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Local News

  • LANL may figure in spy case

    The mere fact that New Mexico has two national laboratories and several military installations places it high on the list of locations in which spies would want to keep a presence.

    It’s not yet clear if any of the 11 spies caught up in Monday’s FBI sweep are linked to Los Alamos or other areas in the state, but according to New Mexico FBI, it wouldn’t be surprising.

  • CIP budget sees $6 million surplus

    Los Alamos County will be able to pump more than $6 million back into the Capital Improvement Projects fund thanks to a high interest in and competition for project bids.

    Adding to the competition was the large number of construction projects available around the state, officials said.

    The excess funds were considered as part of Tuesday night’s County Council meeting held at the Community Building.  Councilors voted 6-0 (Councilor Vincent Chiravalle was absent) to approve the FY 2010 year-end budget revisions.

  • Agents target Russian spy ring, more details emerge as feds say it's 'tip of iceberg'

    NEW YORK (AP) — They sometimes worked in pairs and pretended to be married so they could blend in as the couple next door while working as spies in a throwback to the Cold War, complete with fake identities, invisible ink, coded radio transmissions and encrypted data to avoid detection, authorities say.

  • Sex case charges dropped

    Had his wife not stayed by his side through the ordeal of court hearings and public humiliation, Charles Herrera said he likely would be dead.

    Herrera, 63, of Nambé describes how a claim of criminal sexual penetration filed against him by a Los Alamos woman threw his life into a tailspin.

  • Economy snares local victim

    Financial circumstances have forced Hallmark store owner Steve Brownell to deliver the dreaded news he’s put off for so long.

    On May 8 he told his photography department manager Eric Johnson that he would be laid off in June. Johnson, whose last day is Wednesday, has worked at the store for 13 years.

  • Youth minister denied bond in child porn case, judge cites risk to community

  • Sen. Robert Byrd of West Virginia dead at 92

    WASHINGTON (AP) — Robert C. Byrd, the longest serving member of the U.S. Senate, a fiery orator and hard-charging power broker who steered billions of federal dollars to his beloved West Virginia, died Monday. He was 92.

    A spokesman for the family, Jesse Jacobs, said that Byrd died peacefully at about 3 a.m. at Inova Hospital in Fairfax, Va. He had been in the hospital since late last week.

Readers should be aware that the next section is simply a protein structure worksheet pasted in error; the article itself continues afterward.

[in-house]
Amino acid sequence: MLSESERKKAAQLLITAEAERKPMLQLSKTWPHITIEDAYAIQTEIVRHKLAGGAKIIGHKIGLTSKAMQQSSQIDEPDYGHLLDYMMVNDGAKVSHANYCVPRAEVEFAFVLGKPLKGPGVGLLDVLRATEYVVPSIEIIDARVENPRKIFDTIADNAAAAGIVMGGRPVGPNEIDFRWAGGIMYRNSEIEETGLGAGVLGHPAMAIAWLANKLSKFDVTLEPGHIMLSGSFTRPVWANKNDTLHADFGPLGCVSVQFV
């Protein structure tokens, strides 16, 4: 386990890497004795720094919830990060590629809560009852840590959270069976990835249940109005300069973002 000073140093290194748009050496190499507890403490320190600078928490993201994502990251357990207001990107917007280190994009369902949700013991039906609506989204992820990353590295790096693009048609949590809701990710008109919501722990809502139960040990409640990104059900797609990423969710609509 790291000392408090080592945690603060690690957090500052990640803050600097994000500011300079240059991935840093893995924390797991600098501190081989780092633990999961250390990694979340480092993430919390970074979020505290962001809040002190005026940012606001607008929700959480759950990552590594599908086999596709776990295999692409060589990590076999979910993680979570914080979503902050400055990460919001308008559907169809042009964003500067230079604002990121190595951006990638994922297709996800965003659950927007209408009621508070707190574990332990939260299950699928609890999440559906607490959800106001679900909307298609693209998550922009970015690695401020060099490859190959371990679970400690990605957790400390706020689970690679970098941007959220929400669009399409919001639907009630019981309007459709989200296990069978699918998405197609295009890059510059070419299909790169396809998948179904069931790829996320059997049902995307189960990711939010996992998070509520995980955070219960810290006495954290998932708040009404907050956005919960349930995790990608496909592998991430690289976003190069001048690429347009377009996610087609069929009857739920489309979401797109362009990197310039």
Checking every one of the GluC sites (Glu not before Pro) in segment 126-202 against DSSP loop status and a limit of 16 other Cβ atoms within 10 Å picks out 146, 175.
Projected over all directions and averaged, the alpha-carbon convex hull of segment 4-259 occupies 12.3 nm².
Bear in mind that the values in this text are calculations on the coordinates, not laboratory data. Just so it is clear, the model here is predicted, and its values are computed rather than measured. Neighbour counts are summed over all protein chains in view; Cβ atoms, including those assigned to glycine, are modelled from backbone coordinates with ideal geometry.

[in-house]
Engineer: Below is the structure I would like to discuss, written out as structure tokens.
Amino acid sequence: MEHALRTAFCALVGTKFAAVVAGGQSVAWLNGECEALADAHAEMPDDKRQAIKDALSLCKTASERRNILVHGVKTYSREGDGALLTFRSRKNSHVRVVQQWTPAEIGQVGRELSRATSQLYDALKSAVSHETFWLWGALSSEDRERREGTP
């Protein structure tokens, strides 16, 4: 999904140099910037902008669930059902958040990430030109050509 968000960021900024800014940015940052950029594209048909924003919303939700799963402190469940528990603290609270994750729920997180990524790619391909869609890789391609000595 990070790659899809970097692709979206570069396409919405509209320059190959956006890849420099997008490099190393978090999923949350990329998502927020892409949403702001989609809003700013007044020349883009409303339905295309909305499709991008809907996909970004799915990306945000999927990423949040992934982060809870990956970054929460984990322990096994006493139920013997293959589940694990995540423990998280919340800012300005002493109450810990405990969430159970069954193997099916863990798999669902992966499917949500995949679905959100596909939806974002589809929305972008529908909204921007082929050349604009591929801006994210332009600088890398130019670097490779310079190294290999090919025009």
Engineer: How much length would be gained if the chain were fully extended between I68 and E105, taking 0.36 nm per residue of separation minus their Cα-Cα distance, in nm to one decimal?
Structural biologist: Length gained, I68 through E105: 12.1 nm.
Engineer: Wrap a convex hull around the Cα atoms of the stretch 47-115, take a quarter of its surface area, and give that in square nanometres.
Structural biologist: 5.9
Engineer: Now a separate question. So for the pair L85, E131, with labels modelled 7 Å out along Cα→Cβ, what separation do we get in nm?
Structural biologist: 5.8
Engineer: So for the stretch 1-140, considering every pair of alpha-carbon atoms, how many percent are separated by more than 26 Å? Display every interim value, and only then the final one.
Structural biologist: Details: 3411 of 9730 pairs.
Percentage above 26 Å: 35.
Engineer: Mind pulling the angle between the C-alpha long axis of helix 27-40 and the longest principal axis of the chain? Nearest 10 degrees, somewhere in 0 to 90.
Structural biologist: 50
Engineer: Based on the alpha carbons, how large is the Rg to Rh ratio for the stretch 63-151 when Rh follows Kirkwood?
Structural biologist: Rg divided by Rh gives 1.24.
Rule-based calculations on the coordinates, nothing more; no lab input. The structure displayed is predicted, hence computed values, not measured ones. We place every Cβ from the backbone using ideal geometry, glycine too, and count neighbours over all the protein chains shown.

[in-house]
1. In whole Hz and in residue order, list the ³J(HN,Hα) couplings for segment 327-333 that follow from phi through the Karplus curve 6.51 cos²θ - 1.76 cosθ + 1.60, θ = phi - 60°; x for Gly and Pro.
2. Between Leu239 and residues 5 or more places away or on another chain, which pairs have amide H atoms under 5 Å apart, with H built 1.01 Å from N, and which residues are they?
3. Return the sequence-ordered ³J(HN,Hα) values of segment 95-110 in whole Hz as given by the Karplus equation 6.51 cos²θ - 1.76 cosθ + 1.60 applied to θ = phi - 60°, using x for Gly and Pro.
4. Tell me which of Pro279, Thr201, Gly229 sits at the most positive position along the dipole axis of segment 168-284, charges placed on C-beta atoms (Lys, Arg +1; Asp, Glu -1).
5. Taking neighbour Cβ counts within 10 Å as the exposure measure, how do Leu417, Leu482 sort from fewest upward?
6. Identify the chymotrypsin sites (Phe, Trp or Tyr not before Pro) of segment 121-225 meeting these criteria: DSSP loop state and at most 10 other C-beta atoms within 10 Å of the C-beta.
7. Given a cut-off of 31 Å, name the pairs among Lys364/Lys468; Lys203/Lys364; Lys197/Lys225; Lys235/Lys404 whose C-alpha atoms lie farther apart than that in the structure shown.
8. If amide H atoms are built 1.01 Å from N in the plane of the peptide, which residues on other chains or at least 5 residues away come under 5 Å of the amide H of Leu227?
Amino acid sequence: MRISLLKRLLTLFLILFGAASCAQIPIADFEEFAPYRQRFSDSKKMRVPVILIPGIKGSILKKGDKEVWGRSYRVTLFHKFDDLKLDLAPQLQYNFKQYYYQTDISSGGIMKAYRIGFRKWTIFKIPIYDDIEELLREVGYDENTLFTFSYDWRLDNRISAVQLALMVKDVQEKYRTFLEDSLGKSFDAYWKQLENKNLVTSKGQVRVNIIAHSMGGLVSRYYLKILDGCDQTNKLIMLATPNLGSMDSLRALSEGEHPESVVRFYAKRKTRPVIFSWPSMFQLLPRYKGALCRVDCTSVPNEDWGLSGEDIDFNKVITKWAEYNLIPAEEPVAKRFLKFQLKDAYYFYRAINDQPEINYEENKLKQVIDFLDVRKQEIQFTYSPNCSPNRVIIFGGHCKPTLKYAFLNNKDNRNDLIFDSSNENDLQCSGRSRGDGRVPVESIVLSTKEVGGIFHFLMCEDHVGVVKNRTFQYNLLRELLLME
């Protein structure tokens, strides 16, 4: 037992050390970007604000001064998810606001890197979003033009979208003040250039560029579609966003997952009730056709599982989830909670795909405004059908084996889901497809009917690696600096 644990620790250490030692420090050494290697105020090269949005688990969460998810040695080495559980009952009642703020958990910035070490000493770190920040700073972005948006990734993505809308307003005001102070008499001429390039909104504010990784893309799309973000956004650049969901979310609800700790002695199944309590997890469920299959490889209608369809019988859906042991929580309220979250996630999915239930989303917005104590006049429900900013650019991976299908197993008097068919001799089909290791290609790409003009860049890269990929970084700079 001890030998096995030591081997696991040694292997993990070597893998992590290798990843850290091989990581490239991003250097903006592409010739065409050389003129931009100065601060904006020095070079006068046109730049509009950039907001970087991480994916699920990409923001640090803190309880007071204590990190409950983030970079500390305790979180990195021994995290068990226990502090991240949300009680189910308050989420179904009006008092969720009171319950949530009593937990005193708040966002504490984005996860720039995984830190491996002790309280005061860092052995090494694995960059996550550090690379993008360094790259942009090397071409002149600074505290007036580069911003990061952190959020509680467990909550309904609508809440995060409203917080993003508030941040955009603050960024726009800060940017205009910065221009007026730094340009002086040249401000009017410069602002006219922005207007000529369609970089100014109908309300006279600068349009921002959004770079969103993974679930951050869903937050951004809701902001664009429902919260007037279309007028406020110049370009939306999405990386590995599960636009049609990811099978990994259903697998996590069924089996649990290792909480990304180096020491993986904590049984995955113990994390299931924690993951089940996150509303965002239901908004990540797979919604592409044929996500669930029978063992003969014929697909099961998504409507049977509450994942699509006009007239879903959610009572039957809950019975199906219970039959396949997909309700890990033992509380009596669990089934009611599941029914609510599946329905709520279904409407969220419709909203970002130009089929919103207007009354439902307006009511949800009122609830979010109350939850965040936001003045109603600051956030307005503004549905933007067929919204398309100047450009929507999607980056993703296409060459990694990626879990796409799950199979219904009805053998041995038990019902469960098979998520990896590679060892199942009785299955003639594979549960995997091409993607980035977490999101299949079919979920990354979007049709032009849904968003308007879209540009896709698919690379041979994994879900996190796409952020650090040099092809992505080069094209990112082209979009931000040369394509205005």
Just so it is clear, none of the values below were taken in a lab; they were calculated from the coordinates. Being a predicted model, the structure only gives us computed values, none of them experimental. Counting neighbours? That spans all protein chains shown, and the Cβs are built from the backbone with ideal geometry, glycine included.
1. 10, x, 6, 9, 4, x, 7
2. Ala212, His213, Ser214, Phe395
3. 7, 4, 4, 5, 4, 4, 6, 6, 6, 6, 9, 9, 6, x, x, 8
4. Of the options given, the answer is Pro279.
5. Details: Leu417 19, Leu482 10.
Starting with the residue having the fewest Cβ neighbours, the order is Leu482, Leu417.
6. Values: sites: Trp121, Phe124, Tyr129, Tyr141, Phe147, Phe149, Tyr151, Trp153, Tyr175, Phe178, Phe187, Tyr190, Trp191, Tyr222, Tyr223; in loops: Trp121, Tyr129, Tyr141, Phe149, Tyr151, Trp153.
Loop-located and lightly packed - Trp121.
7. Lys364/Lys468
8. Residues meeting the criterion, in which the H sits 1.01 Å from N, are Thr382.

At first Byrd was believed to be suffering from heat exhaustion and severe dehydration, but other medical conditions developed. He had been in frail health for several years.

  • UNM receives funding as special science center

    ALBUQUERQUE, N.M. (AP) — The University of New Mexico Health Science Center has been named a federal Clinical and Translational Science Center.

    The designation comes with $21 million in awards over five years. It also establishes the Health Sciences Center as a key national research center and will create more than 100 high-paying jobs.

    New Mexico Democratic Sen. Tom Udall says the UNM Health Science Center is a critical economic and research engine for the region, and the designation will enhance its ability to recruit and retain top faculty and researchers.

  • Justices extend gun owner rights nationwide

    WASHINGTON (AP) — The Supreme Court held Monday that the Constitution's Second Amendment restrains government's ability to significantly limit "the right to keep and bear arms," advancing a recent trend by the John Roberts-led bench to embrace gun rights.

    By a narrow, 5-4 vote, the justices also signaled, however, that some limitations on the right could survive legal challenges.

  • Gov. Richardson allocates stimulus funds to prop up state police

    SANTA FE, N.M. (AP) — Gov. Bill Richardson is allocating $1 million in federal economic stimulus money for the state police to buy new cars and fuel.

    The governor said Monday the $1 million will help offset budget cuts, which otherwise would have forced the state police to limit how many miles officers could drive each month.

    Richardson said $250,000 will be used to buy 11 new state police cars and $750,000 will go for fuel.